Interfacing the eMMC of the Amazon FireTV to achieve root privileges.

Note: if you only are interested in the how-to just scroll down.

With this post I want to tell you about finding a way to circumvent security mechanisms in the Amazon FireTV. To achieve this goal work of different parties is combined to overcome different problems. You will get some background information on technologies which will help you to do projects like this yourself.

FireTV security in a nut shell

The Amazon FireTV  is a nice set-top box with a state-of-the-art ARM CPU and FireOS, which is basically Android with some modifications.

Amazon ships FireOS without root access and with a locked boot-loader. This is quite common on Android devices. Effectively, it means that you can’t execute commands that require root privileges like write data directly to block devices. The locked boot-loader implies that only signed kernels will be executed by the boot-loader. The boot-loader in turn needs to be signed to be executed by the CPU. This is usually described as secure boot and is ensured by a chain-of-trust. On mobile phones some vendor allow the boot-loader to be unlocked by the customer e.g. Google with the Nexus devices.

The US version of the FireTV has been shipped with a FireOS version which was vulnerable to the exploit used in towelroot. This has been fixed in FireOS version and all devices shipped in the EU seem to have that fixed version installed. Without such an exploit we have no way to grain root privileges from within the stock firmware

To run a custom recovery (which is basically a fall-back environment used e.g. during firmware upgrades) or custom kernel the boot-loader needs to execute unsigned code. At first XDA member rbox used a signature checking bug in the Qualcomm boot-loader. This bug was fixed in FireOS, although I’m not 100% sure of the exact version.

Until FireOS Version a downgrade of boot-loader and firmware is possible. Newer versions of FireOS blow an eFUSE in the CPU of the FireTV which prevents the vulnerable boot-loader from booting. Up to now (17.01.15) there is no known way to unlock the new boot-loader or make the old boot-loader boot with the blown eFUSE. Except having a FIB at hand to fix the eFUSE ;).

If you want to use it only as a media center, the FireTV is already quite useful in its unrooted state as it can run Kodi (XBMC) without any modification, so you might never need root. But that’s no reason not to try and figure out a way to root it ;).

The term “rooting” in context of an Android device basically means placing a su binary in the /system/xbin folder and give it the correct file permission. In case of the FireTV we are not able to write there without already being root. We also have (at the time of writing) no Linux userland exploit which would allow us to become root. What’s left is finding a way to write to the FireTV’s /system partition.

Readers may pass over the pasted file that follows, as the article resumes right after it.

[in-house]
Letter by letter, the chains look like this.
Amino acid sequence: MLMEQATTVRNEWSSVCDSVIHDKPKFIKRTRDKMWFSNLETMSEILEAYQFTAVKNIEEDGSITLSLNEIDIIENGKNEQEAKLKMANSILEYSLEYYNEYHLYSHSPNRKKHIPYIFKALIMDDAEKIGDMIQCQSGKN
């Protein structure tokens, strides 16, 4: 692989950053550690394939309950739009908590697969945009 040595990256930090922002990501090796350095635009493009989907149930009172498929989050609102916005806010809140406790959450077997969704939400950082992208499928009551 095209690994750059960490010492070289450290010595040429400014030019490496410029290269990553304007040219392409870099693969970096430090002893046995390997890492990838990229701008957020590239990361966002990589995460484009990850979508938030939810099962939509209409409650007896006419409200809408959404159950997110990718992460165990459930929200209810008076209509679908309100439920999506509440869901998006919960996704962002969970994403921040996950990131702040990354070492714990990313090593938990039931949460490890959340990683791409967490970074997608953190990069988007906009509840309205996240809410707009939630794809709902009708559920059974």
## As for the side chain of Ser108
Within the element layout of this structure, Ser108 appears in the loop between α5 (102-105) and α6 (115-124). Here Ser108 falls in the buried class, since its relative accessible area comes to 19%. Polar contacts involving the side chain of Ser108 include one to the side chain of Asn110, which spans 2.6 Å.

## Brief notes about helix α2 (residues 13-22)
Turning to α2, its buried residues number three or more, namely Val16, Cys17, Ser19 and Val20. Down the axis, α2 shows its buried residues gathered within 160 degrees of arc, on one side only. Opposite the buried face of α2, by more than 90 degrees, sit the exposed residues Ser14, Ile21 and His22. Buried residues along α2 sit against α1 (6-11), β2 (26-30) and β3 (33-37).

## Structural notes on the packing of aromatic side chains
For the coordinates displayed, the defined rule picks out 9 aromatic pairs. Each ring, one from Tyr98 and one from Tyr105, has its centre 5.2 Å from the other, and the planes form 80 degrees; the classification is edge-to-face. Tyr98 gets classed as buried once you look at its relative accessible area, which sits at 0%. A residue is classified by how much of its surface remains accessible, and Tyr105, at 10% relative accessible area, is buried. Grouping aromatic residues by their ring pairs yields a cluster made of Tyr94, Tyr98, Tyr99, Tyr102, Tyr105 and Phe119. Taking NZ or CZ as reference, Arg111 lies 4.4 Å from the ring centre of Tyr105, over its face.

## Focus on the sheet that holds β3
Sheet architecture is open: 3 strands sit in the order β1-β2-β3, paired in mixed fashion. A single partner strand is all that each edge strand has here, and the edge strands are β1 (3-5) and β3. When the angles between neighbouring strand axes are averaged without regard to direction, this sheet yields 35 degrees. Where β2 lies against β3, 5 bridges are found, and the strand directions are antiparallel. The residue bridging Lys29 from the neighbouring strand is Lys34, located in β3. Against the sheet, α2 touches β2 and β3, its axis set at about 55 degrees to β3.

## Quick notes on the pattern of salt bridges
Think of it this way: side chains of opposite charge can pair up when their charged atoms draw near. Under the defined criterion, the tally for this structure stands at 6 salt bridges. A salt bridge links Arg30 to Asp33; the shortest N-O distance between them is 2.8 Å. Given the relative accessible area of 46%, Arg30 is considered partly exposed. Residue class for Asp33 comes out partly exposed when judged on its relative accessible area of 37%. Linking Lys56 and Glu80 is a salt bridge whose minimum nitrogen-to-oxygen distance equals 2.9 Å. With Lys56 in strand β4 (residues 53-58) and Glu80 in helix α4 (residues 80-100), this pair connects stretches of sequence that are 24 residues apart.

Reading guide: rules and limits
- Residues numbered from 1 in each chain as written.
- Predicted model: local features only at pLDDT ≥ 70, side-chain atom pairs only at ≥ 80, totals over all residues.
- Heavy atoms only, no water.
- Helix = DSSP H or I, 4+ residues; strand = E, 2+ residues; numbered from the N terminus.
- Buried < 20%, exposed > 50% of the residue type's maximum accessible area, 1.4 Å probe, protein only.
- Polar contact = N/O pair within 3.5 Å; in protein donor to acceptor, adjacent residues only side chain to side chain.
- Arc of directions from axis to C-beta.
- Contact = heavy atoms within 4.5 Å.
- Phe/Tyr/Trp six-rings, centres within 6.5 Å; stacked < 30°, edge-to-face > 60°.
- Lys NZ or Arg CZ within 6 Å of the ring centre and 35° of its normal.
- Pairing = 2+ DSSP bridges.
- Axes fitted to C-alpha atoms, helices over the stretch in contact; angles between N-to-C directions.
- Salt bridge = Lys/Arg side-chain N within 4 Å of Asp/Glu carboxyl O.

A look into the FireTV shows that it uses an eMMC as storage. An eMMC is basically a SD card with some more data lanes which is soldered to the PCB. eMMCs have a significant advantage over normal NAND memory: a built-in controller takes care of tasks like wear leveling and the chip access. This makes it easier for the vendor to integrate it. It also allows us to access the memory through very few wires. In fact in most of the cases you only need four. We’ll dive into the specifics of this later.

What has happened so far

The folks at did some research on the FireTV and published very early a picture of the PCB where the eMMC has been removed and the pin-out has been marked. The eMMC is packaged in a BGA package. That means we can’t access the pins directly as they are below the chip. But all pins we need are accessible via pads on the PCB. It was suggested to use a SD card reader to interact with the eMMC. An approach which sounded very promising. So we started to build an adaptor and tried many different combination of readers and wiring but without any luck.

IMG_20140928_172751 IMG_20140928_174204 IMG_20140928_182027   IMG_20140928_203853

Our first guess was that the wires were just to long and there would be to much cross talk so we build a new adaptor based on a sparkfun design.

IMG_20141016_144659 zNsFtO0

Our first attempt was to power only the eMMC through an external power source so the CPU of the FireTV would not need to boot up. A running CPU would result in the clock on CLK line to the eMMC, which would interfere with the clock generated by the SD card reader. Sadly, all attempts to feed the chip externally failed (or at least we thought that at this time).